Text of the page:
This book provides a comprehensive discussion of UML/OCL methods and design flow, for automatic validation and verification of hardware and software systems. While the presented flow focuses on using satisfiability solvers, the authors also describe how these methods can be used for any other automatic reasoning engine. Additionally, the design flow described is applied to a broad variety of validation and verification tasks. The authors also cover briefly how non-functional properties such as timing constraints can be handled with the described flow.
Nils Przigoda is a system engineer at the Mobility Division of the Siemens AG, in Braunschweig, Germany. He received two Diploma degrees, one in mathematics and one in computer science, from the University of Bremen, Germany, in 2013. From 2013 to 2017, he did his doctorate in the Group for Computer Architecture at the University of Bremen and finished it in May 2017 with Dr. rer. nat. degree. Afterwards he switched from academia to industry by joining the Siemens AG in 2017. His research interests are in the design of reversible and quantum circuits as well as in the verification of formal models using SAT and SMT solvers. Nils Przigoda published several papers on international conferences such as ASP-DAC, DAC, MODELS and was Mathemacher des Monats (math maker of the month) as announced by the DMV (German Mathematical Society) in November, 2015.
Robert Wille is a full professor at the Johannes Kepler University Linz. From 2002 to 2006, Robert Wille studied computer science (Diploma) at the University of Bremen. After successfully completing his doctorate in 2009 (summa cum laude), he worked as postdoc at the University of Bremen and, since 2013, as Senior Researcher in the Cyber-Physical Systems department of the German Research Center for Artificial Intelligence (DFKI). Besides that, he served as lecturer at the University of Applied Science Bremen from 2010 to 2012 and was a guest professor for Technical Computer Science at the University of Potsdam in 2012 as well as for Embedded Systems at the Technical University of Dresden in 2013/2014. In 2014, he completed his habilitation and, since October 2015, he is a full professor at the Johannes Kepler University Linz and head of the Department for Integrated Circuit and System Design. Robert Wille's expertise is in the development of design technologies for various application areas - with a particular focus on the design, verification, and test of circuits and systems for conventional and emerging technologies.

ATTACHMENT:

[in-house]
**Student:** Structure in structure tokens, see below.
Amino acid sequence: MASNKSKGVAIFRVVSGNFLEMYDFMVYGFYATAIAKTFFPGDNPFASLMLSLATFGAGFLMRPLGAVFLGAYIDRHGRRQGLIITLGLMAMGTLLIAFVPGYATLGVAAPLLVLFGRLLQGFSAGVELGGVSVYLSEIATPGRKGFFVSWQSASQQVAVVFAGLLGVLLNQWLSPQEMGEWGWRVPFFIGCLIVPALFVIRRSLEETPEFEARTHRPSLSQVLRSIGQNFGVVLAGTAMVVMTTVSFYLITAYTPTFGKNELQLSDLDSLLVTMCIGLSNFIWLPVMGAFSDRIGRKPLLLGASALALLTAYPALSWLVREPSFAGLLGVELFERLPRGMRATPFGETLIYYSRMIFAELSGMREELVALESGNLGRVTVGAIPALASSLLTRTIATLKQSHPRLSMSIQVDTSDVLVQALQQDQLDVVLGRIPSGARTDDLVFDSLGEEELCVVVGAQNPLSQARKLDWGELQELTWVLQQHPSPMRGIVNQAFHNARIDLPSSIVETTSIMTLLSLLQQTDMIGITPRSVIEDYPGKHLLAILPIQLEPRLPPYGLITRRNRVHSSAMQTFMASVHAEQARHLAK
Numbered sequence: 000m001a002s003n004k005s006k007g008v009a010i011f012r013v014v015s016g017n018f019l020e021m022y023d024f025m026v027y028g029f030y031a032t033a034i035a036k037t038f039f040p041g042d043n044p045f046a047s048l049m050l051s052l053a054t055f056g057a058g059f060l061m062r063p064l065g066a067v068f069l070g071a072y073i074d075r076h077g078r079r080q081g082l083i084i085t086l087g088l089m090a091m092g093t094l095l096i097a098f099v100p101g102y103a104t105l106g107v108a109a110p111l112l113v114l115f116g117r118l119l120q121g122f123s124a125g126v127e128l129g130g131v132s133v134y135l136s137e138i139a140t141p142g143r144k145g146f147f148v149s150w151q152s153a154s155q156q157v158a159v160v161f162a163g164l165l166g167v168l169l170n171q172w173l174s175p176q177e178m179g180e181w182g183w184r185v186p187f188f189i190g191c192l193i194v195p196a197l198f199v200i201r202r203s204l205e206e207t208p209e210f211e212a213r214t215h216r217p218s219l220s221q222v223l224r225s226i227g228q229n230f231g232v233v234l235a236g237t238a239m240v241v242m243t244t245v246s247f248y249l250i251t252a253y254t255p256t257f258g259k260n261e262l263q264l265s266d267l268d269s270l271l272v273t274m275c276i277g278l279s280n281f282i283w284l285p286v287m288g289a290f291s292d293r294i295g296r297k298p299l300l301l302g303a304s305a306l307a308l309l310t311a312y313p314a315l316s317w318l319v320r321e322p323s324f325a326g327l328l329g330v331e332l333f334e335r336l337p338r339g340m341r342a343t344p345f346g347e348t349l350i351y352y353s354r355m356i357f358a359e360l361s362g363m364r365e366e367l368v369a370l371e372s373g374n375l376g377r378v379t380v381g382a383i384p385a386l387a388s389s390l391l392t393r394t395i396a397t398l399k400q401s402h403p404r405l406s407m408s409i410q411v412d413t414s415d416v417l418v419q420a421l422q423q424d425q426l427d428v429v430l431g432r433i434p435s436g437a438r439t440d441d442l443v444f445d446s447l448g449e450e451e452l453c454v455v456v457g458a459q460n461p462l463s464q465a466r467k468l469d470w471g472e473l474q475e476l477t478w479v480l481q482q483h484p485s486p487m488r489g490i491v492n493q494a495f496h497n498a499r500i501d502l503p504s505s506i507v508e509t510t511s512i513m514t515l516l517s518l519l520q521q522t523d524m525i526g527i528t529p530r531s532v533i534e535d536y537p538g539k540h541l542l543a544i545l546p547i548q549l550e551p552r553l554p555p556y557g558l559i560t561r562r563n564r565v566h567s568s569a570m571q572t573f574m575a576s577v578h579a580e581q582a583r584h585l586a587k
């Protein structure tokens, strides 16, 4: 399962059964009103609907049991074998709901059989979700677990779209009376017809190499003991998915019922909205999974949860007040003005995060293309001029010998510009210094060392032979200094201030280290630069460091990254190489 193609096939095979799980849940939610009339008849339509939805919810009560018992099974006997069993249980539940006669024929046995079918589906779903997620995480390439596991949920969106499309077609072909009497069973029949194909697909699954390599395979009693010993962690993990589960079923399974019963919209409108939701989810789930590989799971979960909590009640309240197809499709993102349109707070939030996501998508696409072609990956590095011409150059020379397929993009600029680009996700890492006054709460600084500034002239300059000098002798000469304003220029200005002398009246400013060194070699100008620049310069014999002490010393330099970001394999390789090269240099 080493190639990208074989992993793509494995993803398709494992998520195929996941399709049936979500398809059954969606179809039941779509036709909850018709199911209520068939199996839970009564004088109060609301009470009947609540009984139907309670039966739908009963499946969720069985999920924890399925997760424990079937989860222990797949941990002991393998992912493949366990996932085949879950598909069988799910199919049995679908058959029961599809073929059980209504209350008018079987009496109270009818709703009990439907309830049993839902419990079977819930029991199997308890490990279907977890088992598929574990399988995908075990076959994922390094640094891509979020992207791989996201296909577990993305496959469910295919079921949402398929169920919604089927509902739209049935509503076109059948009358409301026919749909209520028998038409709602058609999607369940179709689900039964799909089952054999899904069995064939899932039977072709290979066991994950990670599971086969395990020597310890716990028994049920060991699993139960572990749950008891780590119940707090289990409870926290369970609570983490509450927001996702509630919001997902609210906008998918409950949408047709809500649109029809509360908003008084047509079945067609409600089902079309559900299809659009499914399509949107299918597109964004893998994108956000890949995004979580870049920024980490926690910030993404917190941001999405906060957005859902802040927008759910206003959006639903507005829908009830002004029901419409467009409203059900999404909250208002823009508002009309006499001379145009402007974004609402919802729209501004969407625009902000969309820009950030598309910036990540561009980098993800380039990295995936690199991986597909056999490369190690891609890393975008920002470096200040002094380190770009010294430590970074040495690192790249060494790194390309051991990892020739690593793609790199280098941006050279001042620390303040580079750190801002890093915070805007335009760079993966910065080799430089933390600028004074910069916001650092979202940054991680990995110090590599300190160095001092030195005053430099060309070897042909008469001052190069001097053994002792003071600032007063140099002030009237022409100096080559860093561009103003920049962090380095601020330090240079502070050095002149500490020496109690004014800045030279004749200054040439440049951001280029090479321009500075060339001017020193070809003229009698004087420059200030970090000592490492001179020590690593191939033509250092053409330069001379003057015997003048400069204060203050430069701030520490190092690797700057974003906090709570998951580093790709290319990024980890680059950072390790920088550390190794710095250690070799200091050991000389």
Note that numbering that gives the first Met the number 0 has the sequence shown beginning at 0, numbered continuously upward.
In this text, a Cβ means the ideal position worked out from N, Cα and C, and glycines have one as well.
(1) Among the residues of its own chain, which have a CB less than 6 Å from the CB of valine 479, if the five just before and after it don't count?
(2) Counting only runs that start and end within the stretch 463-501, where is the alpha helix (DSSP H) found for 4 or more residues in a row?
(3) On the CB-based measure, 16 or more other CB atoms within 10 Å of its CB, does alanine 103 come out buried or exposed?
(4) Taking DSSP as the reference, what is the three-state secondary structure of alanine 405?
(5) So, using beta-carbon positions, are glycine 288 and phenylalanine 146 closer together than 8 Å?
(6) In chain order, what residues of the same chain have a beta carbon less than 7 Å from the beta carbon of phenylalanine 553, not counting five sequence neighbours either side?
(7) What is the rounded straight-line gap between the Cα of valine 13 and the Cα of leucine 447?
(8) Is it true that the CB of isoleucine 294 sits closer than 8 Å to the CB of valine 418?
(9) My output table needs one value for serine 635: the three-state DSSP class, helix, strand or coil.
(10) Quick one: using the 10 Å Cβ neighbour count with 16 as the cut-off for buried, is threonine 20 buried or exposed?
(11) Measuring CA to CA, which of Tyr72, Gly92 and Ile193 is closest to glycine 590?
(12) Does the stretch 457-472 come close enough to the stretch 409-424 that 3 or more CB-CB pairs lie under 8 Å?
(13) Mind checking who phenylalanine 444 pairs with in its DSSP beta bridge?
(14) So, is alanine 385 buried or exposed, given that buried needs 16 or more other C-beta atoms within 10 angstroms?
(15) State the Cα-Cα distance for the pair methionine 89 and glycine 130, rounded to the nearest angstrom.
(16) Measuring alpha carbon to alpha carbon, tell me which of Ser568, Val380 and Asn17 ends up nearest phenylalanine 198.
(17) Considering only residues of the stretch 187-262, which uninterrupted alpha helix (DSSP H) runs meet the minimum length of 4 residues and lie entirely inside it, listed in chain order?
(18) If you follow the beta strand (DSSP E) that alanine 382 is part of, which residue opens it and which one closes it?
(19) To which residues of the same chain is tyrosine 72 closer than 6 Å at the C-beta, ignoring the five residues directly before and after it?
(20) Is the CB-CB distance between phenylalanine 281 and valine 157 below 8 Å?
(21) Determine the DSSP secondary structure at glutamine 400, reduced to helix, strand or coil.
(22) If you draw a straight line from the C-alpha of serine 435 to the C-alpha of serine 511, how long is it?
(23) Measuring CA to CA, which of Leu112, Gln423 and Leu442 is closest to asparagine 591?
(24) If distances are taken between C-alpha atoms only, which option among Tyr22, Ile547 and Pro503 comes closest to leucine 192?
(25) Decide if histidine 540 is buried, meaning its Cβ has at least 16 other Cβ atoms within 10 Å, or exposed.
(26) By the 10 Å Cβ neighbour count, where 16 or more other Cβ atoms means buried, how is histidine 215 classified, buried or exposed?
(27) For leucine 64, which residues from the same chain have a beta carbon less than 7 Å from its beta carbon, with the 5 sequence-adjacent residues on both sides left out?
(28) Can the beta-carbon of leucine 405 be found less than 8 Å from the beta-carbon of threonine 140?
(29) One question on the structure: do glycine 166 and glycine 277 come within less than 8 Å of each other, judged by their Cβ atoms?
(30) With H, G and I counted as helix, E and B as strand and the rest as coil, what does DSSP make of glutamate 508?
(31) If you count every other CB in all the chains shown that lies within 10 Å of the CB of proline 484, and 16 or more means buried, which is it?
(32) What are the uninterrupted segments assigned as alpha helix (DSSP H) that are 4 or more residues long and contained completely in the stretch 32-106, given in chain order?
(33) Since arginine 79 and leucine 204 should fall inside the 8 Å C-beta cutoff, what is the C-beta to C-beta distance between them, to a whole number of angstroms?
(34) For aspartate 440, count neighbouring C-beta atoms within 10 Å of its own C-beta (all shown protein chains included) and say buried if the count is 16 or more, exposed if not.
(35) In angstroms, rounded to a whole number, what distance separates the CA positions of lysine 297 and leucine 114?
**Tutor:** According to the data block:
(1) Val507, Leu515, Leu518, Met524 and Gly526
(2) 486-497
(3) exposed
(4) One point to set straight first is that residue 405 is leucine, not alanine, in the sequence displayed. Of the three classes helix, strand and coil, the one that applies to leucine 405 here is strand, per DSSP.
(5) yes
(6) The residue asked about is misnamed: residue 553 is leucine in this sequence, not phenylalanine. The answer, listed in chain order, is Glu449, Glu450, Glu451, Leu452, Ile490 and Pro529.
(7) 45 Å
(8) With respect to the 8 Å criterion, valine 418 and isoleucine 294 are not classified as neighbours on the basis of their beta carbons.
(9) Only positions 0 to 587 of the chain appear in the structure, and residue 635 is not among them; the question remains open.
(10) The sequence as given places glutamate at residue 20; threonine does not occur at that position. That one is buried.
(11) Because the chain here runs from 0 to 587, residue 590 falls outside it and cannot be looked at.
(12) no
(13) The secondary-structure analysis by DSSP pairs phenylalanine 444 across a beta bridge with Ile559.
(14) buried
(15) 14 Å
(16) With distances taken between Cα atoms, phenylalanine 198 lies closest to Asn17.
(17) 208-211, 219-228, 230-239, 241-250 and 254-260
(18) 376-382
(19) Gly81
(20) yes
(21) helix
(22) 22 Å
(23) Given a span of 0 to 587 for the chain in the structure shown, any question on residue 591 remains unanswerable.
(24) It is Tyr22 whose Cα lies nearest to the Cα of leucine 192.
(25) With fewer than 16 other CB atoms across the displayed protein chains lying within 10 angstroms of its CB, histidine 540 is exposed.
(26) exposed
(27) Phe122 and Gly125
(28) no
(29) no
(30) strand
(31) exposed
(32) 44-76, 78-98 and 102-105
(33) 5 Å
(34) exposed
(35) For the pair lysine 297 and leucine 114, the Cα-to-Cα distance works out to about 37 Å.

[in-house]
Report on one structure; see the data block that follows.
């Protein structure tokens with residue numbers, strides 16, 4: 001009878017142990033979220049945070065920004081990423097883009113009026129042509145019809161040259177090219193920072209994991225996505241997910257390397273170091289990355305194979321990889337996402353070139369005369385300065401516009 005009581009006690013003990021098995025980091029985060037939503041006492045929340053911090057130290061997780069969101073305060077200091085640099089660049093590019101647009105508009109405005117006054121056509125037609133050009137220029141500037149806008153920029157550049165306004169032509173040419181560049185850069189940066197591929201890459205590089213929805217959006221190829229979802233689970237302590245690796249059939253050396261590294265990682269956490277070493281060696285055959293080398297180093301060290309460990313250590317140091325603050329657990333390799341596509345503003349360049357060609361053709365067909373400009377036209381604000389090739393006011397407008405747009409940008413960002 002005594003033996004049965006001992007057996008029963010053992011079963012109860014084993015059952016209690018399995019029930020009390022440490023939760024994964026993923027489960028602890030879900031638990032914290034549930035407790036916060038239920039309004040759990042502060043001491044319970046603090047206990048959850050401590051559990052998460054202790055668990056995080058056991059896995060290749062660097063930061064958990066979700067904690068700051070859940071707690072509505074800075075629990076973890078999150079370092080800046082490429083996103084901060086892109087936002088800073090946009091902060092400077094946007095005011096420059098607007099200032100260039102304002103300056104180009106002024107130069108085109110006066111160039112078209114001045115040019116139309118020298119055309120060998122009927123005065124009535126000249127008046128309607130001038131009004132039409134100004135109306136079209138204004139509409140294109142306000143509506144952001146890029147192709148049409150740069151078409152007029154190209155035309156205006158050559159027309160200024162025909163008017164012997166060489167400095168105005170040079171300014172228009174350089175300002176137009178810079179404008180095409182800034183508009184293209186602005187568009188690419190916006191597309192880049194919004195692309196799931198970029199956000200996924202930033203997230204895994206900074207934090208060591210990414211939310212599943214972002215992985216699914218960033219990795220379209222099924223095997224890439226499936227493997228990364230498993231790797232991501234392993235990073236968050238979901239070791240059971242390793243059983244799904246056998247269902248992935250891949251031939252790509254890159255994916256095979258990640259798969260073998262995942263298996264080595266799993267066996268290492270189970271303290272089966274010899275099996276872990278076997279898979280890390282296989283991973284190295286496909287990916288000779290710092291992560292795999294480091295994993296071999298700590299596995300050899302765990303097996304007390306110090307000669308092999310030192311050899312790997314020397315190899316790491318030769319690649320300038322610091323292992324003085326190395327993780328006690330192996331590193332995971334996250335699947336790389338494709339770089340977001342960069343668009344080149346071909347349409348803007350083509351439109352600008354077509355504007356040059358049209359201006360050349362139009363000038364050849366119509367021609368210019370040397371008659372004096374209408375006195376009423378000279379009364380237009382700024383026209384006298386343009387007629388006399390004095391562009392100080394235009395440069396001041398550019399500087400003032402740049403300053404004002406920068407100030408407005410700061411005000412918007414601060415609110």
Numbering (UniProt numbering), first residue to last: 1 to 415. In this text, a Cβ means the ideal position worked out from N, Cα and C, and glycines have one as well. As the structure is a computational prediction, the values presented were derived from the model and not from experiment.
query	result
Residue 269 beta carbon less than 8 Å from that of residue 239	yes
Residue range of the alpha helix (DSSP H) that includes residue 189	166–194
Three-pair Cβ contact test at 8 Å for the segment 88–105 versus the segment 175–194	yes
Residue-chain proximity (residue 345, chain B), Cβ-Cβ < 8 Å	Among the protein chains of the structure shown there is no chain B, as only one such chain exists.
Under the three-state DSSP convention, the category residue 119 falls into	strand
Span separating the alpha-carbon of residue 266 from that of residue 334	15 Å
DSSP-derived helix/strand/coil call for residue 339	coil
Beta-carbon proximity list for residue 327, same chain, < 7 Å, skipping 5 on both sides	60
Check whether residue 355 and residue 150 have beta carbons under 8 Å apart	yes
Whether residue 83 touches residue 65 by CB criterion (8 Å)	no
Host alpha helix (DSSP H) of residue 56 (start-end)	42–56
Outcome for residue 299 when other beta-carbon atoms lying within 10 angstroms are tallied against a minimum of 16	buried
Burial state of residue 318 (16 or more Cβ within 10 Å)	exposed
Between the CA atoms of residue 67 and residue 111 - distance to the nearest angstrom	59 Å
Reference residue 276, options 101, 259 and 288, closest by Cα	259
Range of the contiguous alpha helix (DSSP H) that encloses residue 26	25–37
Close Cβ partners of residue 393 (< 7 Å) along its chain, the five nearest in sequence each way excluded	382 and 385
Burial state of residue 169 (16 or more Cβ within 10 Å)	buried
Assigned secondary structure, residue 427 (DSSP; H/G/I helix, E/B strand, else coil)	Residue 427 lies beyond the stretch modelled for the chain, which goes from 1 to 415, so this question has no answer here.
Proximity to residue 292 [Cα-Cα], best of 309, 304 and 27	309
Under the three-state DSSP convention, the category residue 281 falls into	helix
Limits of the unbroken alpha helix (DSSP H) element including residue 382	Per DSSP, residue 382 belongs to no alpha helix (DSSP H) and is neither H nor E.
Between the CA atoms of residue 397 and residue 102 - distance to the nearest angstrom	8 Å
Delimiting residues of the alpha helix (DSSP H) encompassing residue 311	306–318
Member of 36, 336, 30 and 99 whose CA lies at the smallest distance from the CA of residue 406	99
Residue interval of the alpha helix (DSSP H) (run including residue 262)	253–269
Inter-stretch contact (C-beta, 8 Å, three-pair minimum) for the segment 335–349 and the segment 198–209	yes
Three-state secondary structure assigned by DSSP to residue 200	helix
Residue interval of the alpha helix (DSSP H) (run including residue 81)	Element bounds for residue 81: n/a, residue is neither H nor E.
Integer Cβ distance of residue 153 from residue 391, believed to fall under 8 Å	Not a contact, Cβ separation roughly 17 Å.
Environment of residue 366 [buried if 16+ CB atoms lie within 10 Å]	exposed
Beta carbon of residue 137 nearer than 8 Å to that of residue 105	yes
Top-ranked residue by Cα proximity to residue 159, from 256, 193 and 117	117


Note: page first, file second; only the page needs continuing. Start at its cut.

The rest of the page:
Judith Przigoda (née Peters) is a system engineer at the OHB System AG. From 2007 to 2012, she studied computer science at the University of Lübeck, Germany, and received her Master degree in 2012. Afterwards, she moved to the University of Bremen for her doctorate studies. In 2015, she received the A. Richard Newton Young Student Fellow Award of the DAC. Later in 2015, she finished her doctorate (Dr.-Ing.). Her particular interests are embedded systems as well as their design and development. The specification of embedded systems as well as optimizations in the development process are parts of her research. In the recent years, she focused on timing issues in the formal specification of embedded systems. Since 2016, Judith Przigoda works at the satellite ground systems department of the OHB System AG, where her main focus are specifications and system design for satellite systems.
Rolf Drechsler received the Diploma and Dr. phil. nat. degrees in computer science from the Johann Wolfgang Goethe University in Frankfurt am Main, Frankfurt am Main, Germany, in 1992 and 1995, respectively. He worked at the Institute of Computer Science, Albert-Ludwigs University, Freiburg im Breisgau, Germany, from 1995 to 2000, and at the Corporate Technology Department, Siemens AG, Munich, Germany, from 2000 to 2001. Since October 2001, Rolf Drechsler is full professor and head of the Group of Computer Architecture, Institute of Computer Science, at the University of Bremen, Germany. In 2011, he additionally became the Director of the Cyber-Physical Systems Group at the German Research Center for Artificial Intelligence (DFKI) in Bremen. His current research interests include the development and design of data structures and algorithms with a focus on circuit and system design. He is an IEEE Fellow.
1. Introduction2. A Formal Interpretation of UML/OCL3 A Symbolic Formulation for Models4 Structural Aspects5 Behavioral Aspects6 Timing Aspects7 Reducing Instance Sizes with Ground Setting Properties8 Re-utilizing Verification Results of UML/OCL Models9 ConclusionNomenclatureA Class InheritanceB An SMT Instance with an unknown ResultC Contradictory XOR definitionsIndex